History and Philosophy Of Science | The Life and Work of Charles Darwin
X226 | 11373 | Sander Gliboff
The Life and Work of Charles Darwin
This course uses the life and work of Charles Darwin to introduce
the theory of evolution, the history of science and society in the
nineteenth century, and the variety of human experiences, ideas, and
concerns that may enter into the process of scientific discovery.
We proceed chronologically, following Darwin from his childhood home
in Shrewsbury, through his university studies in medicine at
Edinburgh and theology at Cambridge, his beetle-collecting and field
work in geology, his voyages of exploration aboard H.M.S. Beagle,
and his later research and writing at his country estate in Downe.
At each station of Darwin’s life, we will try to reconstruct his
experiences with Nature, the questions he is asking about them, the
scientific theories he is considering, the larger social, religious,
and political context in which he is working, and how all of these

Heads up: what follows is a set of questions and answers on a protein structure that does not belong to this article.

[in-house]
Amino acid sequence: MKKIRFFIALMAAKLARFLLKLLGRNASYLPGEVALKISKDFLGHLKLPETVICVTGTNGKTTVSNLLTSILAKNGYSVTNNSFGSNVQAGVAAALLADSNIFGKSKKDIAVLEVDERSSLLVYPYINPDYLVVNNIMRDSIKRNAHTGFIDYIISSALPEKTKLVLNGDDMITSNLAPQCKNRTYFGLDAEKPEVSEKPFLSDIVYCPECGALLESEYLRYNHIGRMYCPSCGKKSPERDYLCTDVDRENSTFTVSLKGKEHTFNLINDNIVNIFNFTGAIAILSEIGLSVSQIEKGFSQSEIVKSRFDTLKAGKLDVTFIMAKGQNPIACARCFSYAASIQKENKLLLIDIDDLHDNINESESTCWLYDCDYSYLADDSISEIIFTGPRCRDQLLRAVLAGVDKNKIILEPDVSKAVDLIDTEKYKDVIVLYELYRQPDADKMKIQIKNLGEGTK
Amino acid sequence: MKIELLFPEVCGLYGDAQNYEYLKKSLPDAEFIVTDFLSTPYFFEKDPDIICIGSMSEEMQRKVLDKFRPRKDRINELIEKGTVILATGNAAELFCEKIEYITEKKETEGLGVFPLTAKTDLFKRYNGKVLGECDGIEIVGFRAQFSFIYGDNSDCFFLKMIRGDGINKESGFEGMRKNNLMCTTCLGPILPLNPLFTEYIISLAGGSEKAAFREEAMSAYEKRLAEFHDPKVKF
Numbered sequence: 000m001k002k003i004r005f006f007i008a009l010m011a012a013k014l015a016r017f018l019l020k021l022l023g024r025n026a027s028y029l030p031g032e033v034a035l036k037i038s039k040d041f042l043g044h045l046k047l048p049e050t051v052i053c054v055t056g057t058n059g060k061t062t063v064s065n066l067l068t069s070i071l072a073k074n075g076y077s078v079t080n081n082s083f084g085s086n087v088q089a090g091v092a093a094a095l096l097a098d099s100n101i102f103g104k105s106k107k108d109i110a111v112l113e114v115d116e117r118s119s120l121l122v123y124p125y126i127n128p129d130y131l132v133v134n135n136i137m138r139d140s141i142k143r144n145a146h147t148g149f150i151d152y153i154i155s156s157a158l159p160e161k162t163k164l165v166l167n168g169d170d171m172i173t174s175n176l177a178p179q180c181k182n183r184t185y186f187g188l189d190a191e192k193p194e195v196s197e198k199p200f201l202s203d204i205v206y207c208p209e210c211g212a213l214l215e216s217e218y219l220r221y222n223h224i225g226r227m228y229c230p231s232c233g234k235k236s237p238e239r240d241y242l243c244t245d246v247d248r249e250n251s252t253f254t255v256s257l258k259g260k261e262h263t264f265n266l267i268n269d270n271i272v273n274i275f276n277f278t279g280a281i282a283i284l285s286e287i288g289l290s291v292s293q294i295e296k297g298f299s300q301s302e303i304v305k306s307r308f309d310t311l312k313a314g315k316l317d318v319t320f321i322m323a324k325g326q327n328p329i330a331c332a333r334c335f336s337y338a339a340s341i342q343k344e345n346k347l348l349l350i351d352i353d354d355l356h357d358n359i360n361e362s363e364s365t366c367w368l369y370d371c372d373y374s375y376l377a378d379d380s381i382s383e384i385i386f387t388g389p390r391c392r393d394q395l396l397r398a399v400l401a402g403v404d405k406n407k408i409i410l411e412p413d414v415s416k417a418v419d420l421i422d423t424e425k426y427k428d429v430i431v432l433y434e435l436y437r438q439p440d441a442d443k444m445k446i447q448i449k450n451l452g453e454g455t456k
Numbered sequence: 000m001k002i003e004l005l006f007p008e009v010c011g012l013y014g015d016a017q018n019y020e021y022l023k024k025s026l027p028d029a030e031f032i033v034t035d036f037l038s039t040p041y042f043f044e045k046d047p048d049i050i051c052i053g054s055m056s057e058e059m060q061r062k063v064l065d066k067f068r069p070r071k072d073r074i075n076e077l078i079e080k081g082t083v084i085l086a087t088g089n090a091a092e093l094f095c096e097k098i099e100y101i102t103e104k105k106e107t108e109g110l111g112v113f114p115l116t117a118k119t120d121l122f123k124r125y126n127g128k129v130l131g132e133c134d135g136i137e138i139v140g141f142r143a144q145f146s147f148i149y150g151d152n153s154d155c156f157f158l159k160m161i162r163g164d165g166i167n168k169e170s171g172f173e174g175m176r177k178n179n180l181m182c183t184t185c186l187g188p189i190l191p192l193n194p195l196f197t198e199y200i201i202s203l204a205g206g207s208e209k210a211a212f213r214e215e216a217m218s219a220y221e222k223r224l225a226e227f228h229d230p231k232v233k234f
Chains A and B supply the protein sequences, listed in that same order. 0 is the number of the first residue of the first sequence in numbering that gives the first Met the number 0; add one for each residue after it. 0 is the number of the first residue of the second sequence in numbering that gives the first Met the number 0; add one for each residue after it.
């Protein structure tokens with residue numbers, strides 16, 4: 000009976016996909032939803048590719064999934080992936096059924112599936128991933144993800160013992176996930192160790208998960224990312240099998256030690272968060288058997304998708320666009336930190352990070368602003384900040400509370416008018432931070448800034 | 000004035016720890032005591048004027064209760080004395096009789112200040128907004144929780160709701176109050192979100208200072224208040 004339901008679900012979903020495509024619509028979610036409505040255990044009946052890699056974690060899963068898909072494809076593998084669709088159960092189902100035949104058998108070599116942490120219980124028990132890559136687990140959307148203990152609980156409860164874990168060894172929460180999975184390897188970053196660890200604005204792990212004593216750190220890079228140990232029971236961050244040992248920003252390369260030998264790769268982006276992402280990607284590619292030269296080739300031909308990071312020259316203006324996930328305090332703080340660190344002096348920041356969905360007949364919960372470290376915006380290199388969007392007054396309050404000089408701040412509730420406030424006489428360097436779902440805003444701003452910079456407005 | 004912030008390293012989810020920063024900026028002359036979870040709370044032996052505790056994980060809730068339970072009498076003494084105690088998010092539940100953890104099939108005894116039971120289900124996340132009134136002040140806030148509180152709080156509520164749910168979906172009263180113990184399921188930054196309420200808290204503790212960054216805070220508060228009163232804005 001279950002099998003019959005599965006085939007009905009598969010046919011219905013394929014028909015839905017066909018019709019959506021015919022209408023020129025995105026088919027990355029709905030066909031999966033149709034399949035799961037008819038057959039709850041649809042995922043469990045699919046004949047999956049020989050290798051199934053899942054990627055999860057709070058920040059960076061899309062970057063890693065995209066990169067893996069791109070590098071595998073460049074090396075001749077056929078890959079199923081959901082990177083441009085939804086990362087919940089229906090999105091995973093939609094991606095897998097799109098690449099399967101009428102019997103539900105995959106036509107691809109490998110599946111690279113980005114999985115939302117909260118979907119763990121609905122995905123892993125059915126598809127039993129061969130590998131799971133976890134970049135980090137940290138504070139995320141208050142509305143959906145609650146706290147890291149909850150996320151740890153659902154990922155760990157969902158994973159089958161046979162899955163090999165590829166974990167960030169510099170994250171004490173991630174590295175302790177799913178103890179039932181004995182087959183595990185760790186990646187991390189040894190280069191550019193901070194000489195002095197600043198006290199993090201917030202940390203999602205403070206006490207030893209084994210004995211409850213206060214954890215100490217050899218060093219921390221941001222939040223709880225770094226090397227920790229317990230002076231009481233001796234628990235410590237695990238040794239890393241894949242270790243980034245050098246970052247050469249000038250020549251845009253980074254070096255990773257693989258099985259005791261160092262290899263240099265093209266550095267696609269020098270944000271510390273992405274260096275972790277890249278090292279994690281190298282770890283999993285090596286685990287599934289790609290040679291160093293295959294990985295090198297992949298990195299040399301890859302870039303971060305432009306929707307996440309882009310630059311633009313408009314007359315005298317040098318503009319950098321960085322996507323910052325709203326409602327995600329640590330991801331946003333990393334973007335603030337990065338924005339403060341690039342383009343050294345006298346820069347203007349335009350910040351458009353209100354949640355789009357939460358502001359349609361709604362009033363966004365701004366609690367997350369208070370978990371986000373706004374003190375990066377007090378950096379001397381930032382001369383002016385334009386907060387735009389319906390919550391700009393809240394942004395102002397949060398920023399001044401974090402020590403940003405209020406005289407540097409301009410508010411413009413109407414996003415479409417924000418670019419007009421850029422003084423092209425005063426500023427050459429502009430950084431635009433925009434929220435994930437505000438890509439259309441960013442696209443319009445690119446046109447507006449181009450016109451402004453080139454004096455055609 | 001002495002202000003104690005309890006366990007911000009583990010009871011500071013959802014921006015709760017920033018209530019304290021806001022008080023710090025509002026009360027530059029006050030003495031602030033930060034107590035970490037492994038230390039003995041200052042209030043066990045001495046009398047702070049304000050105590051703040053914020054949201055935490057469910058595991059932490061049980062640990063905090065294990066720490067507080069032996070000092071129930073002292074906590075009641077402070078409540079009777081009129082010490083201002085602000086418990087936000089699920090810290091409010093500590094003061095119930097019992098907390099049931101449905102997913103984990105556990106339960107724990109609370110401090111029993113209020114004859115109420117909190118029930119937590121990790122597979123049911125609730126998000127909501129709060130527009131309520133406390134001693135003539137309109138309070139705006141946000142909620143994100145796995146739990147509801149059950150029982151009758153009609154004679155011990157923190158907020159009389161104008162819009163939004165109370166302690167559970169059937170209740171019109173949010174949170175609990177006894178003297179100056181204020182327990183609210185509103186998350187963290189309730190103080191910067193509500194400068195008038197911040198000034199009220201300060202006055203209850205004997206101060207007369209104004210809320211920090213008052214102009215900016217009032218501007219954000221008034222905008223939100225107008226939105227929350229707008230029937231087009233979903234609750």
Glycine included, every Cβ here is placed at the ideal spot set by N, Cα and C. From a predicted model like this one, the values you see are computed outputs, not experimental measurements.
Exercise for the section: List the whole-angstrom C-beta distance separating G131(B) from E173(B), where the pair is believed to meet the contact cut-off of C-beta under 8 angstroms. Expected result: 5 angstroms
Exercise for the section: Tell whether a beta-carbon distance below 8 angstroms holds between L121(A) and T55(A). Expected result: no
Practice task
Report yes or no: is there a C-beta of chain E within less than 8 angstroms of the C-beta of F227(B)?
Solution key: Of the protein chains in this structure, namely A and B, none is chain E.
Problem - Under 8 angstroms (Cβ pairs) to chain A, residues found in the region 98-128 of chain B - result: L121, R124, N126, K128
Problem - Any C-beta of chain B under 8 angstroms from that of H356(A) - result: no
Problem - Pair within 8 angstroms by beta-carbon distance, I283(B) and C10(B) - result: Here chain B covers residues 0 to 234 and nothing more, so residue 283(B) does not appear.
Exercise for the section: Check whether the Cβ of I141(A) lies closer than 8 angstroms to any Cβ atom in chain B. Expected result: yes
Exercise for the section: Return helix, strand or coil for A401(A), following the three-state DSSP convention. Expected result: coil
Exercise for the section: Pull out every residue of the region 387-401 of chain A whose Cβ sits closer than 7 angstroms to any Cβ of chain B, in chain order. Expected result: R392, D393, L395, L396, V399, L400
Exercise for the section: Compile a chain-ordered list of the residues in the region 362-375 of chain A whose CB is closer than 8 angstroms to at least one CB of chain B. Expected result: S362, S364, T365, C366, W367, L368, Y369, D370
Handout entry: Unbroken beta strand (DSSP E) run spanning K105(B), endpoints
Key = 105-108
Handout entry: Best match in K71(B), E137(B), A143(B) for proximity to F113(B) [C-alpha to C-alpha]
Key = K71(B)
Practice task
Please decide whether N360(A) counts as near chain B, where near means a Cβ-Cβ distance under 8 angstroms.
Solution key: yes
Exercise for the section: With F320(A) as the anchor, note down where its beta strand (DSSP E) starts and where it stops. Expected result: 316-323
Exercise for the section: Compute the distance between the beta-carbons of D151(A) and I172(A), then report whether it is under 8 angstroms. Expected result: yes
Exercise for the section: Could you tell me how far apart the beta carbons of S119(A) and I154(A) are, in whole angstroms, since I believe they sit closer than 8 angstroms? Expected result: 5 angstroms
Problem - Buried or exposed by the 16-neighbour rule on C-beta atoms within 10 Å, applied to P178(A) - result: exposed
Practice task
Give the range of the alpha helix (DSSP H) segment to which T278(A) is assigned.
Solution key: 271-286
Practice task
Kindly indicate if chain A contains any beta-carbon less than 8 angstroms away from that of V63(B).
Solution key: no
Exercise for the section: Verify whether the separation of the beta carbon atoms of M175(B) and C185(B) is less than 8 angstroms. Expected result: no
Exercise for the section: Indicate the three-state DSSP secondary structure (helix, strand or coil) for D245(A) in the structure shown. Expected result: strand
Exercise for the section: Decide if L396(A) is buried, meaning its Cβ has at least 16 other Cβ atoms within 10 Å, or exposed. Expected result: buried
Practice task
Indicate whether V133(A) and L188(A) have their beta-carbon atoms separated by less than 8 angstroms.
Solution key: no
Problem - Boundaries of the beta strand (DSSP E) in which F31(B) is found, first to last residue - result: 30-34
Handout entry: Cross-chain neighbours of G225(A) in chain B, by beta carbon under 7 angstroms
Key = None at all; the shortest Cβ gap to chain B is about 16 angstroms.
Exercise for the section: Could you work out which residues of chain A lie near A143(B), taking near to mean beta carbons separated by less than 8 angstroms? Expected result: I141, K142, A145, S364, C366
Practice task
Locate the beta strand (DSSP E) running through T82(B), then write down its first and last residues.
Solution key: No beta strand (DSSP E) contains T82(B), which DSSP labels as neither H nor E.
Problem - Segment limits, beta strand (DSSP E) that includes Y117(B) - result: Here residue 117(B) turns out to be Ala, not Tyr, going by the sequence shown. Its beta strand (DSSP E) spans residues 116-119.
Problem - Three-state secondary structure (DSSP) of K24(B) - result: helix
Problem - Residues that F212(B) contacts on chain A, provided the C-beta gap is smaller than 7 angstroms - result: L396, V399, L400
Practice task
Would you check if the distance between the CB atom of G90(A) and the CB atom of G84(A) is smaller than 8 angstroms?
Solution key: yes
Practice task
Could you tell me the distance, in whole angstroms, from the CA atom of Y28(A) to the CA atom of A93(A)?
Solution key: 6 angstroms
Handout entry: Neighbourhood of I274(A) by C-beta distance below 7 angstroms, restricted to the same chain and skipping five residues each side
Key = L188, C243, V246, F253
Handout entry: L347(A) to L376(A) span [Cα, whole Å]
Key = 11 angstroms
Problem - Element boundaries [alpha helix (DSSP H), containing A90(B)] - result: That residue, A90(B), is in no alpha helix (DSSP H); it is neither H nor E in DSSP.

considerations are reflected in his most famous book, The Origin of
The class will meet twice per week for a combination of lecture and
discussion. Students will be expected to attend regularly, to read
all the assigned materials thoroughly before each class meeting, and
be prepared to answer questions about them.
Darwin, Charles Robert, On the Origin of Species by Means of Natural
Selection, or the Preservation of Favored Races in the Struggle for
Life, 1st ed. (London: John Murray, 1859; facsimile, Cambridge, MA &
London: Harvard University Press, 1964).
Darwin, Charles Robert, The Autobiography of Charles Darwin, 1809-
1882: With Original Omissions Restored, edited by Nora Barlow (W. W.
Norton, 1993) ISBN 0-393-31069-8
Paley, William, Natural Theology (Coachwhip Publications, 2005)
Desmond, Adrian J. and James Richard Moore, Darwin. The Life of a
Tormented Evolutionist (1991; reprint New York & London: W. W.
Norton, 1994). ISBN 0-393-31150-3.